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The WHY question can be irritating, because it can never end. And at times it can seem juvenile because it requires no thought. When I was a Coro Fellow in Los Angeles, one of my favorite learning experiences and my best networks, the WHY question was prohibited. The basic message was to fully understand the WHY you should ask the "what?" the "where?", the "who?", and the "how?" questions. Nevertheless, as we mature finding out WHY? may be the most important question we ever ask ourselves or the people in our network. Fully understanding the reasoning, the motivation, the origin, the incentive of an action or an event can clarify so many things. We tend to assume or worse view it as irrelevant.

A friend of mine from Coro, Joe, was telling me a story about his family. His wife is a busy executive and Joe often plays Mr. Mom. Their mornings are hectic and frenzied scenes where getting ready for work, feeding the kids, and getting everyone out the door in a timely way is the goal. Pretty typical setting for most families. His wife is cooking some eggs, Joe is tending to the one year old and the 4 year old son chimes in, "Dad, what's a hard-on?" Multi-tasking Mom overhears and wheels around and expounds, "WHAT did he say Joe?" And proceeds to lecture Joe about the evils of TV and their responsibility to monitor what he is watching and gets off on a good rant. Joe holds up his hand to his wife and says, "Wait!" Joe turns to his perplexed son and asks "Why do you ask? And where did you hear these words?" Mom has her arms folded and is IMPATIENTLY glaring at Joe. His son replies nonchalantly, "On Winnie the Pooh," and goes back to eating his cereal. "Really, Winnie the Pooh?" Joe queries. Joe sneaks a glance at his wife. His son continued, "Yeah, I just wanted to know why Rabbit is so hard-on Tigger."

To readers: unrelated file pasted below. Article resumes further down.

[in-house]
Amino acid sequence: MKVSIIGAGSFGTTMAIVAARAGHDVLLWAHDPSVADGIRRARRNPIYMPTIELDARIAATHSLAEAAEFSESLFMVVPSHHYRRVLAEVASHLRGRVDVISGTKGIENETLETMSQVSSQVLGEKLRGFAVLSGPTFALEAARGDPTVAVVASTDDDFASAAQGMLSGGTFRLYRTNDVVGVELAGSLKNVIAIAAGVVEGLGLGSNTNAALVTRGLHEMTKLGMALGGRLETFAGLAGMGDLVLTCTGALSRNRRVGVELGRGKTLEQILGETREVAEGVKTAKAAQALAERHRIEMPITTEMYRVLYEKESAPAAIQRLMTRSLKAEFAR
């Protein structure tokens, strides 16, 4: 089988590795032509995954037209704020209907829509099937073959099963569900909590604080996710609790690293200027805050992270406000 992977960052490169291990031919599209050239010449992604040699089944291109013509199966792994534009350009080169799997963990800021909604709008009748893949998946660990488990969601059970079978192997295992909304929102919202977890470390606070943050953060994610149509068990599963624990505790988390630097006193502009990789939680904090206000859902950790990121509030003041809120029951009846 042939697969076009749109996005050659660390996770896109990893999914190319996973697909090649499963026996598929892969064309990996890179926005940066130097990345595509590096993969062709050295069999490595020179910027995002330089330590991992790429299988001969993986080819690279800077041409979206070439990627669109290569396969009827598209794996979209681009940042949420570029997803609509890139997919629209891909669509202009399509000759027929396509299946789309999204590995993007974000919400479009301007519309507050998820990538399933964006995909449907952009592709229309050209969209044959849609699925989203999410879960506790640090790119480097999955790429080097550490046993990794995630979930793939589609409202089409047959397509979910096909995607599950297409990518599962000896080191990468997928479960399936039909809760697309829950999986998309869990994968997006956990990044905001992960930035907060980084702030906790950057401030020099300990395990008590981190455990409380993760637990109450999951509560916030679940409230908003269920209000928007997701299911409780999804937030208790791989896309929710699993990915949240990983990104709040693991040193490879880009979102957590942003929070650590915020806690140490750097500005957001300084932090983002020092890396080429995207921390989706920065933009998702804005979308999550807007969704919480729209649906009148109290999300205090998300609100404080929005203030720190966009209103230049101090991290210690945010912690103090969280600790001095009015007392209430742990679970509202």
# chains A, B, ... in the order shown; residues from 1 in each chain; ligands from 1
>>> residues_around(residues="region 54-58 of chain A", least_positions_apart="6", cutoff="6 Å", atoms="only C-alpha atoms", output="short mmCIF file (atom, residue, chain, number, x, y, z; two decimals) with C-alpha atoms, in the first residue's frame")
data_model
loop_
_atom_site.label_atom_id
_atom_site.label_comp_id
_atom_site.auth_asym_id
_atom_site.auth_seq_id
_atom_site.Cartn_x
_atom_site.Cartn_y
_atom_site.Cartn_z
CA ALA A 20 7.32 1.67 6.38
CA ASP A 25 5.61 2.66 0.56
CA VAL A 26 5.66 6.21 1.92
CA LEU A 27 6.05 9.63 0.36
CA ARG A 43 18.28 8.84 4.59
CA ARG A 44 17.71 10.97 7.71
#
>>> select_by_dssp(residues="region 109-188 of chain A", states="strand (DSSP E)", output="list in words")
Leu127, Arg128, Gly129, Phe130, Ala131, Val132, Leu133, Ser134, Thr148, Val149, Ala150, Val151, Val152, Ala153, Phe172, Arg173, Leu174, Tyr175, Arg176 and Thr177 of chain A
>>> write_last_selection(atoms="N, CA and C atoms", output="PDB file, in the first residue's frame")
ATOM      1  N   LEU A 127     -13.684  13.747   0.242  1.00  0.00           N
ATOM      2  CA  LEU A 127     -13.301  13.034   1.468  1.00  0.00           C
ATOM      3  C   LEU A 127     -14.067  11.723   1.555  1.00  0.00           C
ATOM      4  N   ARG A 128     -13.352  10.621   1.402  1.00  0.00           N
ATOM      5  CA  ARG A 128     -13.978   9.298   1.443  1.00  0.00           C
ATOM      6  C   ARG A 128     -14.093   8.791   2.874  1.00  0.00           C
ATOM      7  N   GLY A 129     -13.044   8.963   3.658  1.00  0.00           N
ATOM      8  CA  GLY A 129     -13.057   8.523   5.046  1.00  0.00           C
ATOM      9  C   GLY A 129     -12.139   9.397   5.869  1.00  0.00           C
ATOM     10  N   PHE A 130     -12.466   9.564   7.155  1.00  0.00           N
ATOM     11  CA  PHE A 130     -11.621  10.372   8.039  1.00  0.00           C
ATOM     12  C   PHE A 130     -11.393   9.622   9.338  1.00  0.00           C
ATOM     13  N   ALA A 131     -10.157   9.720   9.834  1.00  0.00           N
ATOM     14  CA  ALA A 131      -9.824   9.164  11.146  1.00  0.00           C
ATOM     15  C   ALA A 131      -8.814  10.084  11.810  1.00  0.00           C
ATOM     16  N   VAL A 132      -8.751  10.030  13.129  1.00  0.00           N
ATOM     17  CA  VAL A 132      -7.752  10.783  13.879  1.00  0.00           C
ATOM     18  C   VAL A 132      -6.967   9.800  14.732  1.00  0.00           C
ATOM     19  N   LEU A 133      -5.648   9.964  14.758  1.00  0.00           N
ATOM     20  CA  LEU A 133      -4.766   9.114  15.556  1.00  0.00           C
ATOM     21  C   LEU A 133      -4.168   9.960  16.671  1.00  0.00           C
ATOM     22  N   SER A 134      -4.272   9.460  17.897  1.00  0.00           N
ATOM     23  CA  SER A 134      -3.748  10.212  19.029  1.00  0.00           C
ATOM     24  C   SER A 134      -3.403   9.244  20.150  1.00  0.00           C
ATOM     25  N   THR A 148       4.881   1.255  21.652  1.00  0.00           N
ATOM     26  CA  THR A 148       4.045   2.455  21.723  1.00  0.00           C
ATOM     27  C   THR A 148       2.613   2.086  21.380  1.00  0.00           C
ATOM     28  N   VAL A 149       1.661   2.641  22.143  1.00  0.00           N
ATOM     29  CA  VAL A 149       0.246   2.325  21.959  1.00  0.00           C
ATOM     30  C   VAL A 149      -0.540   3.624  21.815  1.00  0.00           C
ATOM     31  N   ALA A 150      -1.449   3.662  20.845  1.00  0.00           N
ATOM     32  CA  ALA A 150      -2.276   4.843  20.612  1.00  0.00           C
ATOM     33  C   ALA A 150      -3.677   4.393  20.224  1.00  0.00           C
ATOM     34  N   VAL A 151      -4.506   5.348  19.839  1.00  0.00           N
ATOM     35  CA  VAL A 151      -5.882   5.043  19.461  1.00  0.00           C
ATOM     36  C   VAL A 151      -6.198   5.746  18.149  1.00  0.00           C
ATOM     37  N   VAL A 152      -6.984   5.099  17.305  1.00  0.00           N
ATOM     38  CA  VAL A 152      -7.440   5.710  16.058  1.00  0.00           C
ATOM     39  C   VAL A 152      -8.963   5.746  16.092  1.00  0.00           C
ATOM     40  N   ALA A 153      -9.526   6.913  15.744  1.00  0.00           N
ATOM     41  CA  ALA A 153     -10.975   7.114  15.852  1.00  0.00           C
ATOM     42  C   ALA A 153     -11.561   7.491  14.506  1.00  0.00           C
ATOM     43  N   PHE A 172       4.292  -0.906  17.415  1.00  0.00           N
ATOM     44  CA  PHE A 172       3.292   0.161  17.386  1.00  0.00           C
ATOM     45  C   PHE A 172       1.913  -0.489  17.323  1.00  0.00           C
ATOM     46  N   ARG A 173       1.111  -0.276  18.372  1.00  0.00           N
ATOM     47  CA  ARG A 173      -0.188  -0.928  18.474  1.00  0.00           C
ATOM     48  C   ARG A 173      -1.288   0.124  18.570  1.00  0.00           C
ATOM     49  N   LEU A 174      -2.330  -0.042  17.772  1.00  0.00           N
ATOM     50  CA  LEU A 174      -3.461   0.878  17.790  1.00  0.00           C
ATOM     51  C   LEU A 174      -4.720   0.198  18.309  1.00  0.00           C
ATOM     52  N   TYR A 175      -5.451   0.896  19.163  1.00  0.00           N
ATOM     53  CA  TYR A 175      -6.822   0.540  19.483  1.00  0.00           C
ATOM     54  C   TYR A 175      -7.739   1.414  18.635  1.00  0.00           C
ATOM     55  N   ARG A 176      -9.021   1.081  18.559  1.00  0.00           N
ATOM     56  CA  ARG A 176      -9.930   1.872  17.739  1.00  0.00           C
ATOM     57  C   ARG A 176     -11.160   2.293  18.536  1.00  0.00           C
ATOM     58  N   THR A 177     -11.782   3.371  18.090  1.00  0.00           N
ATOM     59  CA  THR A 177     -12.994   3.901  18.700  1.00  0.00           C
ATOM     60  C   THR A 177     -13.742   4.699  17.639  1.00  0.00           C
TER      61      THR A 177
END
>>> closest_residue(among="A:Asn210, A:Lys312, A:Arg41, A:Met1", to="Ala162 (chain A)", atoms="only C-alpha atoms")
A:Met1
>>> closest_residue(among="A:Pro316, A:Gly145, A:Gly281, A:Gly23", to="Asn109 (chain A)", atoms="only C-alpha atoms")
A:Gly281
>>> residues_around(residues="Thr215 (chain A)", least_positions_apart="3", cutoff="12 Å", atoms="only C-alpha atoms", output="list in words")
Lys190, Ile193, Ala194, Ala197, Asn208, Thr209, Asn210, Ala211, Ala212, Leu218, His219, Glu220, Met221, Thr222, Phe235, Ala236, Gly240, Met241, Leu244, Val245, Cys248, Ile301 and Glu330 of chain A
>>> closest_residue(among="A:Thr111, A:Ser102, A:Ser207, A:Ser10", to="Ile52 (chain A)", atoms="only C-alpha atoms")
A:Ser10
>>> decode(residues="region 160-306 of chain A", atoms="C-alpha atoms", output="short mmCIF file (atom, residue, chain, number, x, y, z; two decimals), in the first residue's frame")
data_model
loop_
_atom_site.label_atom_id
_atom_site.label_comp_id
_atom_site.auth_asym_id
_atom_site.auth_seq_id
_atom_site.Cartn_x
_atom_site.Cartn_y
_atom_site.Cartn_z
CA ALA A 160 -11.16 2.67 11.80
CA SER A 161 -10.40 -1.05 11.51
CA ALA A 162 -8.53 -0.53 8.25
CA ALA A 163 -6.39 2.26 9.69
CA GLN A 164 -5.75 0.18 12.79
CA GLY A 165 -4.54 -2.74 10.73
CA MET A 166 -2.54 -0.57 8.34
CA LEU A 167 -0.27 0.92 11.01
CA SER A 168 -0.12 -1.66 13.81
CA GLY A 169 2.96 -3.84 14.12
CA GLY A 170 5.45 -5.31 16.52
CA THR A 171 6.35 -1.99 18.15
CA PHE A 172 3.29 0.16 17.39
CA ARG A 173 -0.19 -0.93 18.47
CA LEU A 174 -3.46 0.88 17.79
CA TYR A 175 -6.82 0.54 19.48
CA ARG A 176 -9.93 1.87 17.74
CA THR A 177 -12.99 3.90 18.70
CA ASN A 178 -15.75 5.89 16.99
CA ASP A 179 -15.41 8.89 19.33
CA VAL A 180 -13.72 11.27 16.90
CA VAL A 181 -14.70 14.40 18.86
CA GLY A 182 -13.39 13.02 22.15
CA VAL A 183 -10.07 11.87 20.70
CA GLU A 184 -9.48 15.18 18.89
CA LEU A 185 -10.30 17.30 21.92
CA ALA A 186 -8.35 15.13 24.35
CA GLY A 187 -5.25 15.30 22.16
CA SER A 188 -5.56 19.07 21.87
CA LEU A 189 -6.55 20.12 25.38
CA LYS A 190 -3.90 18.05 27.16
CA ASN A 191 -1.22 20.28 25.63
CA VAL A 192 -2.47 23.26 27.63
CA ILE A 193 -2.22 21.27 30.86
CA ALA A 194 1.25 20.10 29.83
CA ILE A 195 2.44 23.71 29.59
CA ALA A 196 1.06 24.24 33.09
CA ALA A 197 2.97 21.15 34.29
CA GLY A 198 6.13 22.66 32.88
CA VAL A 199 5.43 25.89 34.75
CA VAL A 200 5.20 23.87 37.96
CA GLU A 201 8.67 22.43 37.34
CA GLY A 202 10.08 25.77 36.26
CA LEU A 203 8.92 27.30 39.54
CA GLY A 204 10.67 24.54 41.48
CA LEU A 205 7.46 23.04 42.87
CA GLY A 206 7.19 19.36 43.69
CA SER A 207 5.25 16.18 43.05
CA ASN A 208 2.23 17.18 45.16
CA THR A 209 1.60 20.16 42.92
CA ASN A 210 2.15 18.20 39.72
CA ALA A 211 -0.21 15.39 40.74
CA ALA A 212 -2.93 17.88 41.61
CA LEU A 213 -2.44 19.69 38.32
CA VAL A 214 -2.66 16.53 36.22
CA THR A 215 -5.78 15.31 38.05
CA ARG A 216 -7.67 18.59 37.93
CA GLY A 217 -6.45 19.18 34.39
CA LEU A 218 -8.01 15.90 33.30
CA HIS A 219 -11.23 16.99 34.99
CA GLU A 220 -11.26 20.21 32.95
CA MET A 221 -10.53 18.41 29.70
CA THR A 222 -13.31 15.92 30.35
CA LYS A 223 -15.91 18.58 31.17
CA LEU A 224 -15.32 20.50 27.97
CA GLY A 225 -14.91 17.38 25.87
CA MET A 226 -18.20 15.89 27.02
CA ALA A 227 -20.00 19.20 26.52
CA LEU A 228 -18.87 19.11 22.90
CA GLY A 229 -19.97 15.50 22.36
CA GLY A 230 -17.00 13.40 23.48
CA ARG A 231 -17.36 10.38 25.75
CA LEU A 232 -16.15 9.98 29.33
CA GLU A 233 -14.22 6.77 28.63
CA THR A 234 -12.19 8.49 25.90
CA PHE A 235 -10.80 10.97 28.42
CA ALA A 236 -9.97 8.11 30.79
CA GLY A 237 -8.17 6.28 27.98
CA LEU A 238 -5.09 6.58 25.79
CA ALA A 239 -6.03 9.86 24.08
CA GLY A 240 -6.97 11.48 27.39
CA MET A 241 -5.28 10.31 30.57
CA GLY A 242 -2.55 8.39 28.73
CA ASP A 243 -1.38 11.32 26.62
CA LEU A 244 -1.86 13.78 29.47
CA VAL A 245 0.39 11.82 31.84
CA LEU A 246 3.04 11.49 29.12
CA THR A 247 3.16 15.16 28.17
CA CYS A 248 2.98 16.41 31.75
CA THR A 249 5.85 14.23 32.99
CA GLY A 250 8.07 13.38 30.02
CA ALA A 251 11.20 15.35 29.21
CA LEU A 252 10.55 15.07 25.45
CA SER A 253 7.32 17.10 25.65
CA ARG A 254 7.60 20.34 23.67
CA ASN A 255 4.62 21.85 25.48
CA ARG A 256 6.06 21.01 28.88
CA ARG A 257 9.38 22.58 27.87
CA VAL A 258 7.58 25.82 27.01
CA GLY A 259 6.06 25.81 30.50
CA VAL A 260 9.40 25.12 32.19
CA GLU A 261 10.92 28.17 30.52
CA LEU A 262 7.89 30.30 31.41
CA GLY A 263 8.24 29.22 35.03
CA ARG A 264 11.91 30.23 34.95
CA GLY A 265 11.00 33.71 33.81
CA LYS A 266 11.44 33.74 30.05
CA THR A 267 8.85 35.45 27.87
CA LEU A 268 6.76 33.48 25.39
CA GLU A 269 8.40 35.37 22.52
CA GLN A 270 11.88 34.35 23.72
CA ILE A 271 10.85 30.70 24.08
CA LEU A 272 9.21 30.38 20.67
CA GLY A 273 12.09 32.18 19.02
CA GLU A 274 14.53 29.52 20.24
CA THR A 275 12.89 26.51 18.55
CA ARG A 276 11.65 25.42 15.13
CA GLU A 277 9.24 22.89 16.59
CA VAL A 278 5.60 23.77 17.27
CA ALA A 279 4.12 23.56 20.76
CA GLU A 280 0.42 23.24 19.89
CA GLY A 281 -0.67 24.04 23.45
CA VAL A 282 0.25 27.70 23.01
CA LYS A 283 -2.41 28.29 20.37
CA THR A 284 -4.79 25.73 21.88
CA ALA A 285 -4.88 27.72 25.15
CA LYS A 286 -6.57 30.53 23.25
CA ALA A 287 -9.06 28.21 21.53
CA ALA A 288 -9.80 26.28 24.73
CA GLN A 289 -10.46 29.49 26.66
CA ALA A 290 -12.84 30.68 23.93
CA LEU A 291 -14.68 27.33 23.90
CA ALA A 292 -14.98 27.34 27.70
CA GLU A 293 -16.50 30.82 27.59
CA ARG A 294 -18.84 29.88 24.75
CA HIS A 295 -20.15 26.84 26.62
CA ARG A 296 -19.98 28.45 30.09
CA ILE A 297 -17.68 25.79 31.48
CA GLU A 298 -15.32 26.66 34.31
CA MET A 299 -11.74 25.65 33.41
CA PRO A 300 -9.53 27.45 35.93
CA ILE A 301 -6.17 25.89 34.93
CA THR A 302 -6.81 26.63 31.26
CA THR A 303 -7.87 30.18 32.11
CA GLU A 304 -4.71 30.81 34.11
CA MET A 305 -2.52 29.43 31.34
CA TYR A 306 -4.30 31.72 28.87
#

The WHY question can be pretty powerful and revealing!

A couple of days ago, I met Charles Collier from Harvard. He is a much sought after speaker on family philanthropy, how to engage families of wealth in legacy and estate planning. He was addressing some of the well-healed donors with whom I work. His book Wealth in Families is a great primer for families to have these conversations, especially in how to engage the next generation or two. His lessons apply to all families and to our lives in general. He poses many WHY questions. Questions that will create "break through" moments, questions that help families understand who they are and what they want. 
  • Why are we involving you, our children, in our estate plans?
  • Why is philanthropy important to this family?
  • Why do we care about legacy? 
Collier also wants the family to understand HOW the family made money, what values and struggles it took to achieve their success. Having a series of family meetings around the future of the family triggered by estate planning will yield great benefits. 
The idea of constantly asking ourselves and the people we care about around us break through questions is essential. When we ask ourselves WHY we are doing something or why this is important, we have to reflect and evaluate the path we are on. When we ask WHY of others we help them pause and reflect too. The WHY question used judiciously can be very helpful in finding the truth. Besides, WHY does Tigger bounce so much? :)

Thanks for reading. John